Medicine, Materials, Energy and Environment

Saskatchewan Centre for Cyclotron Sciences

Watch the webstream of the End of Construction event here


The Cyclotron Facility, April 22, 2014, during the installation of the cyclotron by crane.

The Saskatchewan Centre for Cyclotron Sciences, April 2015 . See construction photos here.

The Saskatchewan Centre for Cyclotron Sciences is the province’s first cyclotron and radioisotope facility.  With funding from the Government of Saskatchewan and Western Economic Diversification Canada, the new facility will be a world-class centre for research, training and innovation in nuclear medicine—including radiochemistry, physics and development of new radiopharmaceuticals for medical imaging.

The Fedoruk Centre operate and manages the facility, which is owned by the University of Saskatchewan.

The Saskatchewan Centre for Cyclotron Sciences builds upon the province’s pioneering research in nuclear medicine and advances research in the expanding fields of molecular imaging, nuclear medicine and other areas of science that make use of radioisotopes.


Location of the Cyclotron Facility

The facility is located on the University of Saskatchewan campus between the Canadian Light Source and the Western College of Veterinary Medicine. The building has been extensively refurbished, with an extension added to accommodate the cyclotron and laboratory where radioisotopes will be extracted. This location is ideal due to its proximity to the Royal University Hospital, permitting rapid shipment of medical isotopes to the hospital before they decay.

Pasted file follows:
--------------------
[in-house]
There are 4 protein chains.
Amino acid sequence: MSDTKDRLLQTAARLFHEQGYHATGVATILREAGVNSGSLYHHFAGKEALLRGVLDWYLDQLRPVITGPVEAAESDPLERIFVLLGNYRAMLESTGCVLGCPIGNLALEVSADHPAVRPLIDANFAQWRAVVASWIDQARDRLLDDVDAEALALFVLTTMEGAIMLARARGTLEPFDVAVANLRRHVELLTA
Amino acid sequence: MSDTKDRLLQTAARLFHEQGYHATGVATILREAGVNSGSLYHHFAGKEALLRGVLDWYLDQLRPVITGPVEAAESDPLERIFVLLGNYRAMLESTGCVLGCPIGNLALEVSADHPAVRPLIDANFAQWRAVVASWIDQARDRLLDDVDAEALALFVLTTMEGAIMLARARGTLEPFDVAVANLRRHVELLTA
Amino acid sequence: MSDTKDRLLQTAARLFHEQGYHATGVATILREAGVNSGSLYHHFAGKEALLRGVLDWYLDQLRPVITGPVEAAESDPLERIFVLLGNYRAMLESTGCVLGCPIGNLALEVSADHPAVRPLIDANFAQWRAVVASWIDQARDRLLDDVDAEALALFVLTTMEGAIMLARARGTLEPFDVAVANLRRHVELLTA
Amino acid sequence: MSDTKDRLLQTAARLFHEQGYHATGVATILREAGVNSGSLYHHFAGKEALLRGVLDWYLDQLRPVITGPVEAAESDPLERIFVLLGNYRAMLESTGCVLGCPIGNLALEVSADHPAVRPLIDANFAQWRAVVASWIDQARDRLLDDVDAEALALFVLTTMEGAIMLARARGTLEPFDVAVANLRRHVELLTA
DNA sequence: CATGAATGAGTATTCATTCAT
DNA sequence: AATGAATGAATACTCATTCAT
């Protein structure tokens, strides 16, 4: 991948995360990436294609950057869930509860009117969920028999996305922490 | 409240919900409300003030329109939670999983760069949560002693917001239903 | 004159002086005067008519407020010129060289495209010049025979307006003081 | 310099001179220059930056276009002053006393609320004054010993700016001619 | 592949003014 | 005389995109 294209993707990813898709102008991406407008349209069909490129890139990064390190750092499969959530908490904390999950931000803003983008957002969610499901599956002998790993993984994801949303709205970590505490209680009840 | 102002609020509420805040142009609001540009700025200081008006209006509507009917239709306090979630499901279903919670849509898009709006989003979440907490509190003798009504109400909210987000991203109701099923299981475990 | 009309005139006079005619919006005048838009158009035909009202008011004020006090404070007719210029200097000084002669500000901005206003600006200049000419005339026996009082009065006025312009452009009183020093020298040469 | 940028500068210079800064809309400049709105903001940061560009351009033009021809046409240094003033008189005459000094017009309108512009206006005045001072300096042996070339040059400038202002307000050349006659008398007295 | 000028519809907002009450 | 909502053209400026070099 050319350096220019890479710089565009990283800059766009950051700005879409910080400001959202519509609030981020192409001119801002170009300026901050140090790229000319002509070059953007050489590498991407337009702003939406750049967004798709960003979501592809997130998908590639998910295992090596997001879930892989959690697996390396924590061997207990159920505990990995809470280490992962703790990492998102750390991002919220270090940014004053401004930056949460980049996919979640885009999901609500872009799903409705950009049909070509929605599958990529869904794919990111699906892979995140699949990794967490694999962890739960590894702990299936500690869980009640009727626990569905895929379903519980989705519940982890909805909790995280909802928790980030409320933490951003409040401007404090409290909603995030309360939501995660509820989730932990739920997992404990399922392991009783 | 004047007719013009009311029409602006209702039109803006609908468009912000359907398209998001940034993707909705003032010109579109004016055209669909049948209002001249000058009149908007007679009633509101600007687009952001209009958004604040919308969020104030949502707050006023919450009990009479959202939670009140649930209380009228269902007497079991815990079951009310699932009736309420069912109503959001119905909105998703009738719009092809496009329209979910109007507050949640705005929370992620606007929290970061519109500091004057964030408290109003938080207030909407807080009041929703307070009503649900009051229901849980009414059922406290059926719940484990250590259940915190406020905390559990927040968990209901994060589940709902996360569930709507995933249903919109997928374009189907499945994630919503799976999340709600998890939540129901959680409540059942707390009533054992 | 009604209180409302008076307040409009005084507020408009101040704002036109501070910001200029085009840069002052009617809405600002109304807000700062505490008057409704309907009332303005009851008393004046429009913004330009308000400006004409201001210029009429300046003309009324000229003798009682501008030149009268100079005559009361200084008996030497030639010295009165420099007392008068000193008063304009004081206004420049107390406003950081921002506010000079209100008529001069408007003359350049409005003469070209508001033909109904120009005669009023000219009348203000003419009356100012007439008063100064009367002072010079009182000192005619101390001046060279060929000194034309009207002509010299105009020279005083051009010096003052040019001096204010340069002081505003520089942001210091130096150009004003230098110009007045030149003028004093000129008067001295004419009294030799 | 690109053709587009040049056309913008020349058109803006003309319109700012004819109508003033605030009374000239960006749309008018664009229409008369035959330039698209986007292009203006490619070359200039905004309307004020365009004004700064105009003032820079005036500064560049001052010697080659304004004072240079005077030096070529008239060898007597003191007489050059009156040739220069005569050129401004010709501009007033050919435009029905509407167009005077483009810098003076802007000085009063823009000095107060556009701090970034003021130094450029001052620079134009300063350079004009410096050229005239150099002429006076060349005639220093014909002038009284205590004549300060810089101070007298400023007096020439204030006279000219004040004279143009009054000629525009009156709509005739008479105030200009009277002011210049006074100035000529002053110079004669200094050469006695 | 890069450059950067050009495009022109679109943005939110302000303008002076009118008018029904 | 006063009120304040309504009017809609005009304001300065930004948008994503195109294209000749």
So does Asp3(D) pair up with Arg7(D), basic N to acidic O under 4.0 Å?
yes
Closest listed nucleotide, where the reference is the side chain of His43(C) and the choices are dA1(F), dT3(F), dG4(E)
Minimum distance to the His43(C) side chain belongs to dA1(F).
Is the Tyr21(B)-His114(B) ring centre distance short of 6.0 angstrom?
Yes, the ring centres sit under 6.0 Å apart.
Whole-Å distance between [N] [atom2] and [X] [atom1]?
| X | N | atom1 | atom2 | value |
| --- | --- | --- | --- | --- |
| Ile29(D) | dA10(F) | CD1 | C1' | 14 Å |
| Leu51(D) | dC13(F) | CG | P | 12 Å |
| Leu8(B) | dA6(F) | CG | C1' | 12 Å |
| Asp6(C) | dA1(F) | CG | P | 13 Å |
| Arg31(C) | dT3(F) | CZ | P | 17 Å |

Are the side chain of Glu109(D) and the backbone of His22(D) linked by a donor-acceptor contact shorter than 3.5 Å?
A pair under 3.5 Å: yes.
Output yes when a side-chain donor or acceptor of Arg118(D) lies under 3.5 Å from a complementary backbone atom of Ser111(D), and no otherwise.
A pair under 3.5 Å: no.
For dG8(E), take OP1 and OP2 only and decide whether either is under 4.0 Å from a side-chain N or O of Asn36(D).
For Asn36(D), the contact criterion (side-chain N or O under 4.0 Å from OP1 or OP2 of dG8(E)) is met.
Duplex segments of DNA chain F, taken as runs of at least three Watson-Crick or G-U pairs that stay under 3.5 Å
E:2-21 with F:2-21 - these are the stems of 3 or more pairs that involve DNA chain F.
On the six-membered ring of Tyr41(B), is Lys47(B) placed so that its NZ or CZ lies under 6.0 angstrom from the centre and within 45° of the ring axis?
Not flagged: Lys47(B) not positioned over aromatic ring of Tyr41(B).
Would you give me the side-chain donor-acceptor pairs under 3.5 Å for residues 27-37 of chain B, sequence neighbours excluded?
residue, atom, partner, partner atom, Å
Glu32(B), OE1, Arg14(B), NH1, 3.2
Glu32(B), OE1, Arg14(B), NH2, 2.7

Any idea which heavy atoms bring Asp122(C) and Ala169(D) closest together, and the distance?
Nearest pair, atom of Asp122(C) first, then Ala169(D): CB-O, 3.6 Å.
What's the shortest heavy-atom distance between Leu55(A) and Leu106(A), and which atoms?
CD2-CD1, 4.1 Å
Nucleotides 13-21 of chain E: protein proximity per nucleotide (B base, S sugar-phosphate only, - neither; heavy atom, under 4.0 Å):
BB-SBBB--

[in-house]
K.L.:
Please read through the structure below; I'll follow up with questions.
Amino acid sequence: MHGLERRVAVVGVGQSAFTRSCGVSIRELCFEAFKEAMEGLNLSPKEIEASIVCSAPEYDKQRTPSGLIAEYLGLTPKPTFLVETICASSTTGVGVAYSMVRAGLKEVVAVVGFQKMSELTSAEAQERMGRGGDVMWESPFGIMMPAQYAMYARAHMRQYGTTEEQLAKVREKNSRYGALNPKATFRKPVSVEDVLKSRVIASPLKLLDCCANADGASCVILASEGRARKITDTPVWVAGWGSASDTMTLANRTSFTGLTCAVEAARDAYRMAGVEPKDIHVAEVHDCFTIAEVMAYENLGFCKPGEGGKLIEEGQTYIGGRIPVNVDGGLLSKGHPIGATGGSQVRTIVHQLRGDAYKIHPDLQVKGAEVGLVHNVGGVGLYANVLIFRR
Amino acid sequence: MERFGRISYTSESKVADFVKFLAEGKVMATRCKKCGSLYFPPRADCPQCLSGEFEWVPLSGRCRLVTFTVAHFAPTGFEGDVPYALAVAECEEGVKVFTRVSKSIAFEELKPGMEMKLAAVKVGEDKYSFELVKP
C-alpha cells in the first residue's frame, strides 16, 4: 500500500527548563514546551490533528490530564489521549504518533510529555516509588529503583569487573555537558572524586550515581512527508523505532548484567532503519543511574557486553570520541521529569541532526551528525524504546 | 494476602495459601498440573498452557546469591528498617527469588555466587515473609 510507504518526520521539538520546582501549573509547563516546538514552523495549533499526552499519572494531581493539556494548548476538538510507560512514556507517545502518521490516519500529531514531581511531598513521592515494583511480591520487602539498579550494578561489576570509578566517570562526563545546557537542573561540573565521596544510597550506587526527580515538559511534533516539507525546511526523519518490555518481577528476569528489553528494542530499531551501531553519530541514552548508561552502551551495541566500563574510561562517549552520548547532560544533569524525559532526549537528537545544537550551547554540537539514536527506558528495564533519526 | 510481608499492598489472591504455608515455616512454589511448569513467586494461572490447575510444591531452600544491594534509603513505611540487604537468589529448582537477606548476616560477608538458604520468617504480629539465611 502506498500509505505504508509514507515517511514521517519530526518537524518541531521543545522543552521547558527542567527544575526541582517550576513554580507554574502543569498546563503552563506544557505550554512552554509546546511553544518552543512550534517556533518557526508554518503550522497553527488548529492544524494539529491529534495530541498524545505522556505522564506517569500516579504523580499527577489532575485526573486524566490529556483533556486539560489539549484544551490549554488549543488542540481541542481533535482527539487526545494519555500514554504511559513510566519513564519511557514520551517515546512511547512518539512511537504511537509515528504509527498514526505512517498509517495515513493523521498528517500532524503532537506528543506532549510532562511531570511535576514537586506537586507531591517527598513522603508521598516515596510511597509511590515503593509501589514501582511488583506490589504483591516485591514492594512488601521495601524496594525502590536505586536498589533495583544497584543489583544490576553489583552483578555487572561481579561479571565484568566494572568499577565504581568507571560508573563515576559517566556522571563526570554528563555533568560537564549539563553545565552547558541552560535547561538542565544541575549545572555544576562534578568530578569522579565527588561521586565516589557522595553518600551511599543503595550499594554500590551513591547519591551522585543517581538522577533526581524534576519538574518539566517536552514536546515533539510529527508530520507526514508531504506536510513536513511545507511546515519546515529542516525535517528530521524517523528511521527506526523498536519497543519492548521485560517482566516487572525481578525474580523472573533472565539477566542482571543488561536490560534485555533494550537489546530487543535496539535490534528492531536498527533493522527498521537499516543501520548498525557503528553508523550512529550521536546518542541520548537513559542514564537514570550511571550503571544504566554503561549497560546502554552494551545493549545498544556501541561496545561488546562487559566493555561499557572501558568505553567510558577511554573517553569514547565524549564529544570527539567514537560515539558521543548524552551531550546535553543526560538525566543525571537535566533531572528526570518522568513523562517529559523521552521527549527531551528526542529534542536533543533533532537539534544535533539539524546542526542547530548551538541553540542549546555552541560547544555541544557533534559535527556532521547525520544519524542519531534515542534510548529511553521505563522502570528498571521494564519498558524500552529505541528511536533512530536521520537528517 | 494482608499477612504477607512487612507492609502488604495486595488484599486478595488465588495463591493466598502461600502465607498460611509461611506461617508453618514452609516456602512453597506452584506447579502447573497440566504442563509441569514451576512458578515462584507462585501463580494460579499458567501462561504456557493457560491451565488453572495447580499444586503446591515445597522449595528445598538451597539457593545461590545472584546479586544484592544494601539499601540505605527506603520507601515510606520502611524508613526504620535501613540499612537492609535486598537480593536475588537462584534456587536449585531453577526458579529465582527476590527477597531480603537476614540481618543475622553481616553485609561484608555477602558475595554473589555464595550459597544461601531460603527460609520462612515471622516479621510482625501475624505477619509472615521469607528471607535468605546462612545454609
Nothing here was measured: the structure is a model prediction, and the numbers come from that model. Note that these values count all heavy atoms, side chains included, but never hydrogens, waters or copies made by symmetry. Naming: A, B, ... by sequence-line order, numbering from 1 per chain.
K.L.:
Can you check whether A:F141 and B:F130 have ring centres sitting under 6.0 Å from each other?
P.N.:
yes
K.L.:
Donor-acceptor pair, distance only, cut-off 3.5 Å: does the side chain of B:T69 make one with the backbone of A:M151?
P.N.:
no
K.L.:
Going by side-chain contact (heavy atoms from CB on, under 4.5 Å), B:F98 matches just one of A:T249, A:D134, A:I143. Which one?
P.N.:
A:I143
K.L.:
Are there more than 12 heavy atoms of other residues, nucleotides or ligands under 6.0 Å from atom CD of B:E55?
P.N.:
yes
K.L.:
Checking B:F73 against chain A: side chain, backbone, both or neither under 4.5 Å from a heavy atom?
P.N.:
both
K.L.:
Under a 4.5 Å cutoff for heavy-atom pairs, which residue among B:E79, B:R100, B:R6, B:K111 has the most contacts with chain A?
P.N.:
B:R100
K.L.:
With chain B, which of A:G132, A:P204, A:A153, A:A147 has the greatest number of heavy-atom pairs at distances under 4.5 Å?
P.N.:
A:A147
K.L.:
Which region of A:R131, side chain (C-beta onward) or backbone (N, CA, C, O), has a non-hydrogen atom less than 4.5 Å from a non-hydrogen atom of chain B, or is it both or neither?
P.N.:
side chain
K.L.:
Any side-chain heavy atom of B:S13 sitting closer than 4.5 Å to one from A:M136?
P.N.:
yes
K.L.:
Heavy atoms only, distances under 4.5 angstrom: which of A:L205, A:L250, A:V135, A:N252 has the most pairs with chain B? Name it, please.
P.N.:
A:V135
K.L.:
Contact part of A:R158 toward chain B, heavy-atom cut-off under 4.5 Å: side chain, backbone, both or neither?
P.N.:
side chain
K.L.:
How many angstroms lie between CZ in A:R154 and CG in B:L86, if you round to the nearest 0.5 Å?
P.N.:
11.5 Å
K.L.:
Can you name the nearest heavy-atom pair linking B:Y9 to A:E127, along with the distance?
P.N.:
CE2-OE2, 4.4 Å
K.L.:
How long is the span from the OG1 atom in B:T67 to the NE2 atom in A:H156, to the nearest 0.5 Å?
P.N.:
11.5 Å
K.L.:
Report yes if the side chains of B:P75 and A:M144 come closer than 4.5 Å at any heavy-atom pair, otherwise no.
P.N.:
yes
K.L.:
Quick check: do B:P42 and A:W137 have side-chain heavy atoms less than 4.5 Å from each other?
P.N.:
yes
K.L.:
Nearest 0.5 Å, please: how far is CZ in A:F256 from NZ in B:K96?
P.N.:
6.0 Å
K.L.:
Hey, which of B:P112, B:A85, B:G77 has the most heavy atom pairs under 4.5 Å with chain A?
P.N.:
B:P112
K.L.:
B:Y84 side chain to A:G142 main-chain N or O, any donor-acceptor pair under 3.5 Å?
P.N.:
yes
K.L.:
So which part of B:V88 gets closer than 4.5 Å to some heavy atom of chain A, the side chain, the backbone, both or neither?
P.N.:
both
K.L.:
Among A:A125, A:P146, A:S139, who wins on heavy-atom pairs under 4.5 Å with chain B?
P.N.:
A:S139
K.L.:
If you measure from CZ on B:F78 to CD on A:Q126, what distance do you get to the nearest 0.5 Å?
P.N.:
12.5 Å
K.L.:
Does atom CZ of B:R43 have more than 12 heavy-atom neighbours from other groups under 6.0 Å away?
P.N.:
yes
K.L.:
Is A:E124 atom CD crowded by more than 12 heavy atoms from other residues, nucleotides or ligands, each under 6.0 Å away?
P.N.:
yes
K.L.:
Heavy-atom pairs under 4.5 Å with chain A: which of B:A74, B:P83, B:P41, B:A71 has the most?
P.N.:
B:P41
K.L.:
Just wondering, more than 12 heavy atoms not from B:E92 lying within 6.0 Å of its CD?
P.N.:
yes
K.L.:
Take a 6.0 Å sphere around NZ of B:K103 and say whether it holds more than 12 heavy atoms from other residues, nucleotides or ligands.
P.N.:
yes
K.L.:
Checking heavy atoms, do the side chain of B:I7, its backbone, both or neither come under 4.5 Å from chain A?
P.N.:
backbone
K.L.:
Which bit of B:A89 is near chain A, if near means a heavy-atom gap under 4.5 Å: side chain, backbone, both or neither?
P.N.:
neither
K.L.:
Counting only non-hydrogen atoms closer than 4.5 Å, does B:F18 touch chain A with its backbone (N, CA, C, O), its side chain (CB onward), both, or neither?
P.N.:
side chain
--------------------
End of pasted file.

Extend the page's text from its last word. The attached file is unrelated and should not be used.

The Cyclotron 

What is a Cyclotron?


The Advanced Cyclotron Systems  TR 24 cyclotron 

A cyclotron is a type of compact particle accelerator which produces radioactive isotopes that can be used for imaging procedures. Stable, non-radioactive isotopes are put into the cyclotron which accelerates charged particles (protons) to high energy in a magnetic field. When the stable isotopes react with the particle beam, a nuclear reaction occurs between the protons and the target atoms, creating radioactive isotopes for nuclear medicine and other purposes.

Radioisotopes used in medicine do not stay radioactive for very long. For this reason, the laboratory must be built close to both the cyclotron that produces the isotopes and the end user – in this case, Royal University Hospital’s nuclear medicine department.  

The Radioisotope Laboratory

The radioisotope laboratory is specially designed to enable researchers to work safely with radioactive materials, separating  them from the cyclotron targets and preparing them for use in radiopharmaceuticals or experiments.

Much of the work is done using remote systems inside shielded chambers called ‘hot cells.’ As many of the radioisotopes are intended for use in medical imaging or clinical research, the laboratory also meets stringent standards for the manufacture of pharmaceuticals, known as Good Manufacturing Practices (GMP).

Facts and Figures

Read more about the cyclotron facility here

The Cyclotron

A particle accelerator that produces radioisotopes by bombarding target materials with high-energy protons.

Cyclotron type

Advanced Cyclotron Systems Inc. TR-24 cyclotron; 24 MeV, 200-500 microamps

Mass when fully assembled

25 tonnes

Cyclotron magnet dimensions

15 cubic metres (3x2.3x2.2 m)


One Y-shaped beamline, accommodating two target end stations for producing radioisotopes

Isotopes planned to be produced